Keila Szpaller

(Daily Montanan) More than half of Montanans want more tax dollars spent on higher education — and more than 80% see it as a pathway to upward economic mobility and other benefits.

But Montanans worry about affordability. Just 41% of people less than 45 years old believe college is worth the cost.

That’s according to results of a survey in a report called “Perceptions of Higher Education in Montana” the Montana University System conducted as part of a project funded with a Lumina Foundation grant.

“Higher education adds value in a lot of ways,” said Joe Thiel, director of academic research and policy for the Office of the Commissioner of Higher Education. “We wanted to have a better understanding of how Montanans are feeling about higher education.”

Of the new jobs created in the last decade, the survey said workers with college degrees or certificates are earning $13,000 more on average than those without. Also, most of the new jobs in the last decade have gone to people with a post-secondary degree or certificate.

The Montana Board of Regents received the report on results as part of its most recent agenda packet, and this week, Thiel and Crystine Miller, director of student affairs and engagement in the Commissioner’s Office, discussed the survey and its findings.

“Four big points stood out to us as the most salient,” Miller said.

First, Montanans overwhelmingly see value in higher education, which Miller said is notable because nationally, that result isn’t always the case. She said the outcome holds true across every region, age, income level and education level.

“That is something we should celebrate and really be proud of,” Miller said.

Secondly, she noted the highest value Montanans see in higher education is that it provides them with knowledge and skills that prepare them for jobs and careers. Montanans ranked this purpose as No. 1.

Thirdly, Montanans believe that public higher education in Montana is the highest quality education they can get, Miller said.

Seventy-seven percent of respondents rated four-year public colleges or universities in the state as offering a high-quality education, higher than institutions outside Montana and 1 point higher than private campuses.

But Miller noted Montanans also find affordability to be a steep hurdle and significant concern.

Nearly 9-out-of-10, or 87% of respondents “somewhat or strongly agreed” education beyond high school “offers pathways for upward economic mobility.”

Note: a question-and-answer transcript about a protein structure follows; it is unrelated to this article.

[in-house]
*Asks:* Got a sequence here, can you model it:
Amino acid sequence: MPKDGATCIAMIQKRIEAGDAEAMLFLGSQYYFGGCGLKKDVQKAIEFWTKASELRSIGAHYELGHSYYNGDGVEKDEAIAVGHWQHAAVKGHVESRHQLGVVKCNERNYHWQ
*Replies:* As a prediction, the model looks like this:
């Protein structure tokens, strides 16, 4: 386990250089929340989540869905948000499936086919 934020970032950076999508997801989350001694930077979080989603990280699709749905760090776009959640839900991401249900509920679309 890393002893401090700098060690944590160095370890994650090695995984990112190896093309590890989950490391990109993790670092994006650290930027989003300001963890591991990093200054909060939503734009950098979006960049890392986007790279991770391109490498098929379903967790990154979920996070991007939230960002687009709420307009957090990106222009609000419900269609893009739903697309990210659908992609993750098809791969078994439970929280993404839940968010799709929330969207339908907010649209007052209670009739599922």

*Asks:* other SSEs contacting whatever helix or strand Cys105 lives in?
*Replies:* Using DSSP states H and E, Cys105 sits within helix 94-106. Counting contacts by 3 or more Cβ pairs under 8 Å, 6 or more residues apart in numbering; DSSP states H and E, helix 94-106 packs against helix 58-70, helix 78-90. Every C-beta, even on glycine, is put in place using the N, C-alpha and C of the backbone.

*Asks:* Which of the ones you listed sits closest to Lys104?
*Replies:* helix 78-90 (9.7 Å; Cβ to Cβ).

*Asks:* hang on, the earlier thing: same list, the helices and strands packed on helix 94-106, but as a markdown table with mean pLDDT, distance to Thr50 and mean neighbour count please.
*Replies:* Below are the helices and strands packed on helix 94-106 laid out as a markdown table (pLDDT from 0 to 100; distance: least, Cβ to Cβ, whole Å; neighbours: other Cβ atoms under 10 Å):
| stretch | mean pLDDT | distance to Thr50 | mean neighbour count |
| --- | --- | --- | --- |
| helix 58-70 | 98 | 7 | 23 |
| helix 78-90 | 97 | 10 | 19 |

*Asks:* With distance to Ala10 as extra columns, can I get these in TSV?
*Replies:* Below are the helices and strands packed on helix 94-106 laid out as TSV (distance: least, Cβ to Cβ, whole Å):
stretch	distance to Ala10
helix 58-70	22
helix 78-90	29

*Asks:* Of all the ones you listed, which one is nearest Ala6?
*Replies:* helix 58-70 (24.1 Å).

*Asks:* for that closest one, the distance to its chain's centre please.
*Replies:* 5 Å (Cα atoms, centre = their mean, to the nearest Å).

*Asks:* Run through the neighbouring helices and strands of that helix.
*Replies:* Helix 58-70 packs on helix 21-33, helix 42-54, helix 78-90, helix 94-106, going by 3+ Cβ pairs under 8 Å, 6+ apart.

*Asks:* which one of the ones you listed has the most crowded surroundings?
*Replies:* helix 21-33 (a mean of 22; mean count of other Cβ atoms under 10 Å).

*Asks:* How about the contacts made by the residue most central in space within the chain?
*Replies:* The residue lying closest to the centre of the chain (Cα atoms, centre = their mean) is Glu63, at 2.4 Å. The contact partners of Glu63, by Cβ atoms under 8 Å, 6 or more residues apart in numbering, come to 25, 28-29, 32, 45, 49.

But younger people and parents of teenagers don’t believe there’s a lot of help to pay for college, which Miller said is a concern.

Additionally, just 55% of people 45 years and older think college is worth the cost.

State leaders have worked hard to keep college affordable, and during the last decade or so, Montana has kept tuition relatively low with “buy downs,” or the state picking up the difference in what would otherwise be an increase, Miller said.

At the same time, she said cost is still an issue, especially for lower income families, and it’s time to look at other tools.

“As we move forward, we really need to think about other things available to us,” Miller said.

For example, she said every year, Montana leaves more than $9 million of federal aid on the table because of low completion rates of financial aid forms. She said those dollars are already allocated to Montana, so the state can work to increase the number of students applying for it.

The survey also noted 84% of respondents somewhat or strongly agree Montana’s investments in colleges and universities benefit the state.

Thiel said one of the big takeaways from the survey is that Montanans believe if they get a degree, it will pay off in significant ways, particularly if it’s a career-focused degree. But, he said they don’t feel like there’s enough support to make college affordable.

“We know there’s a lot of students who start on this pathway and never make it to the finish line,” Thiel said.

The report discussed drivers of the return on investment in higher education as well. It noted “completion matters,” or getting an actual degree, and “affordability is stratified.”

“Montana University System institutions graduate students at or just below national averages for on-time two- and four-year programs,” the report said. “Some credit, no degree and debt mean low return on investment for students and stranded investment for the state.”

Although “Montana has a low sticker price,” it also offers low need-based aid, “jeopardizing affordability for Montana’s lowest income families,” the report said.

The survey went to 10,000 households, and 1,100 responded, according to the Commissioner’s Office.

(Thiel said the survey parallels the New America survey, the broadest annual survey of perceptions of higher education, and the Commissioner’s Office is confident in its methodology and results: “That is a larger survey sample size than you’ll get in almost any political survey.”)

The results will help the Montana University System understand how residents think about higher education, and it will inform initiatives that drive value in higher education in Montana, Miller said.